“And,” said Maclane, “when some one ray does hit a series of radioactive nuclei, I wonder—how will the computer interpret the result?”

“I’d think the break up of the radioactive nucleus might well exert forces at an angle to the axis of the ray. That could have the effect of destroying the far end of the ray. Repeated often enough with other radioactive atoms, that would limit the length of the ray, and supposedly limit the effect of the ray on the fusing deuterons. That compared to rays that hit no such target would be interpreted by the computer as optimization.”

“Then,” said Maclane, “that would do it! The computer would try to optimize the conditions for fusion in all the other chambers by shifting the fields to make the conditions identical, as if using the position and attitude of the nuclei in the optimal chamber as a model.”

Cardan said, “And this will?”

“Aim every last ray from the asterator in the direction of the nuclear target. And, if the rays don’t all hit, the computer will keep making minor adjustments to optimize the conditions. Very quickly it should have every ray focused on the target.”

“Then,” said Cardan, “with no intent on Doc’s part to do this, the asterator will, first seek a nuclear target and then, second, saturate the target with nuclear detonation rays.”

“Yes. In effect.”

In the bare room, the sound of the electric heater fan seemed loud, as they thought this over.

Cardan nodded slowly. “This at least gives us a mental picture. But right or wrong, it is still all theory. And however it turns out there’s an actual application that may catch up with us anytime.”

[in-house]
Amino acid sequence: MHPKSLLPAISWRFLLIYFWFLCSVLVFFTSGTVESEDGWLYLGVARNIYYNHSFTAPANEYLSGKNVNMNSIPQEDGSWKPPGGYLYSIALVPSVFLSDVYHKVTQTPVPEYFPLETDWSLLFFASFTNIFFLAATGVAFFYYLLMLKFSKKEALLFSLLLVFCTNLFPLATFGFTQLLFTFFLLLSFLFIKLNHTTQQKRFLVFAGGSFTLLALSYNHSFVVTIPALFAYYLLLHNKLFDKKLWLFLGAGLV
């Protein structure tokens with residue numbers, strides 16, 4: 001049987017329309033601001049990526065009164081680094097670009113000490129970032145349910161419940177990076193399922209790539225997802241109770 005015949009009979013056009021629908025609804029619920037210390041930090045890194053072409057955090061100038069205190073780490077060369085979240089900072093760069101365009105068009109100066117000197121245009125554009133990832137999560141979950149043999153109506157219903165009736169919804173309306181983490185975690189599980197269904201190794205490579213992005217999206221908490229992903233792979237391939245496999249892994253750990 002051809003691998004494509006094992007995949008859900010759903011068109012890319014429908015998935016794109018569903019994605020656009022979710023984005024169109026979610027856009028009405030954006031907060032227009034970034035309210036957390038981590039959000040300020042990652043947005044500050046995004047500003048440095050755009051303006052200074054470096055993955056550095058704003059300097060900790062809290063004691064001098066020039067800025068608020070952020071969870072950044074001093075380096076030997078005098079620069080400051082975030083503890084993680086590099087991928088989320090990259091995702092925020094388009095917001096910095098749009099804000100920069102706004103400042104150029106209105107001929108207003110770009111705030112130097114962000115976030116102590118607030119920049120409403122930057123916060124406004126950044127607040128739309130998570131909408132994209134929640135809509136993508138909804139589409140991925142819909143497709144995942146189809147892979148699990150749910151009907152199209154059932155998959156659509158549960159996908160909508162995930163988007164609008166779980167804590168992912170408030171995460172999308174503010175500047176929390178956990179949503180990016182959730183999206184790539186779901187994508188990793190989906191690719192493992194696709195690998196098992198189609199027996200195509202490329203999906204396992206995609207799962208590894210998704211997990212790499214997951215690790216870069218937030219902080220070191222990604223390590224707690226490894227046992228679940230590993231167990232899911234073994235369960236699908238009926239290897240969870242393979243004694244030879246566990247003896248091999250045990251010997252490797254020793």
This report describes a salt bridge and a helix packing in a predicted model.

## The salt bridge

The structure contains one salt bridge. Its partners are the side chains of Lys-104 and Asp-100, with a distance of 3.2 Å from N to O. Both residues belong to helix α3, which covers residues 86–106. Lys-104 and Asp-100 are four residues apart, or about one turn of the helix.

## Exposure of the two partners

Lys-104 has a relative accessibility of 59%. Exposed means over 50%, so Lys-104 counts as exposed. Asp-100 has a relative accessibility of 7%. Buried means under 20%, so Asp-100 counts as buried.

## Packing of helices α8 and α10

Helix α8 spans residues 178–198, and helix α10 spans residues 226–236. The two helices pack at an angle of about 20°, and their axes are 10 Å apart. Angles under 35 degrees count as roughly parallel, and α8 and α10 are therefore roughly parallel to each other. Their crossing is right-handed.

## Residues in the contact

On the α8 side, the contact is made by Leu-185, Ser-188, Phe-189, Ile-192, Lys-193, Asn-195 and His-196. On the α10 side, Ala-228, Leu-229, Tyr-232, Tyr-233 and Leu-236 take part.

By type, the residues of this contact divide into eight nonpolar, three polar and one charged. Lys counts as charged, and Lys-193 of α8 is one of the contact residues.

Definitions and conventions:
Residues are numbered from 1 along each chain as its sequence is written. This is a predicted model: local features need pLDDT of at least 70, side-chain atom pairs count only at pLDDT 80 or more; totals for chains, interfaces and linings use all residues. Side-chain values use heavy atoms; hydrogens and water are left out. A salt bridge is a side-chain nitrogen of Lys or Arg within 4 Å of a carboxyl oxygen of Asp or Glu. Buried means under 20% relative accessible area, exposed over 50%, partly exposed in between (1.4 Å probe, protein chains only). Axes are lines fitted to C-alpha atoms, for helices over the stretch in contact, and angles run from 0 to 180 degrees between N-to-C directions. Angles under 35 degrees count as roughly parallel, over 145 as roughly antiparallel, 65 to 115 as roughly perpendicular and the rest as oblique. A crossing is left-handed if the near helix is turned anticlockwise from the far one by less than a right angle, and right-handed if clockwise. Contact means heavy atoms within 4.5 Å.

“What’s that?”

“However this works, it does work. And it’s no fusion reactor.”

“No, it’s not practical. Unless—”

“Not practical as a fusion reactor. But it’s potentially one of the most brutally practical weapons ever made.”

Maclane glanced at the two sheets of paper.

Cardan said, “All that’s needed is an aiming mechanism and whoever has an asterator can choose whose nuclear installation gets blown up. Even now it’s bad enough. If we merely turn on the asterator and keep putting it in cascade we can almost count on as many nuclear disasters between now and six o’clock tonight as the world has seen till today. In a total of two hundred and eighty seconds, Doc set off six nuclear accidents. And he wasn’t trying. What would half-a-dozen more nuclear disasters do? How many A-bombs and warheads are there out there, waiting to be set off? How do you stop a ray that can penetrate matter?”

Donovan said, “And Kenzie knew it!”

Cardan raised his cigar, found it was out, considered relighting it, and waited thoughtfully while Donovan and Maclane said what they thought of Eli Kenzie. When the worst had passed, Cardan said, “Kenzie probably got Doc’s note when it was too late to save Doc. He was stuck with the asterator, with no one he trusted to work on it. He didn’t dare tell us why he was hiring us. But I never heard a more fake explanation. And he must have known I’d know it was fake.”

“You’re saying he warned us?”

“And offered to sell us the device. My guess is, he’s willing to pay for some kind of decent outcome to this mess. I think we should take him up on it.”

“What? Buy the asterator?”

“A part interest. Given Doc’s reputation, and the obviousness of those lists, we can’t tell who may know about this. We’re even responsible ourselves for two near-disasters. We can’t quit. We may as well make something out of it.”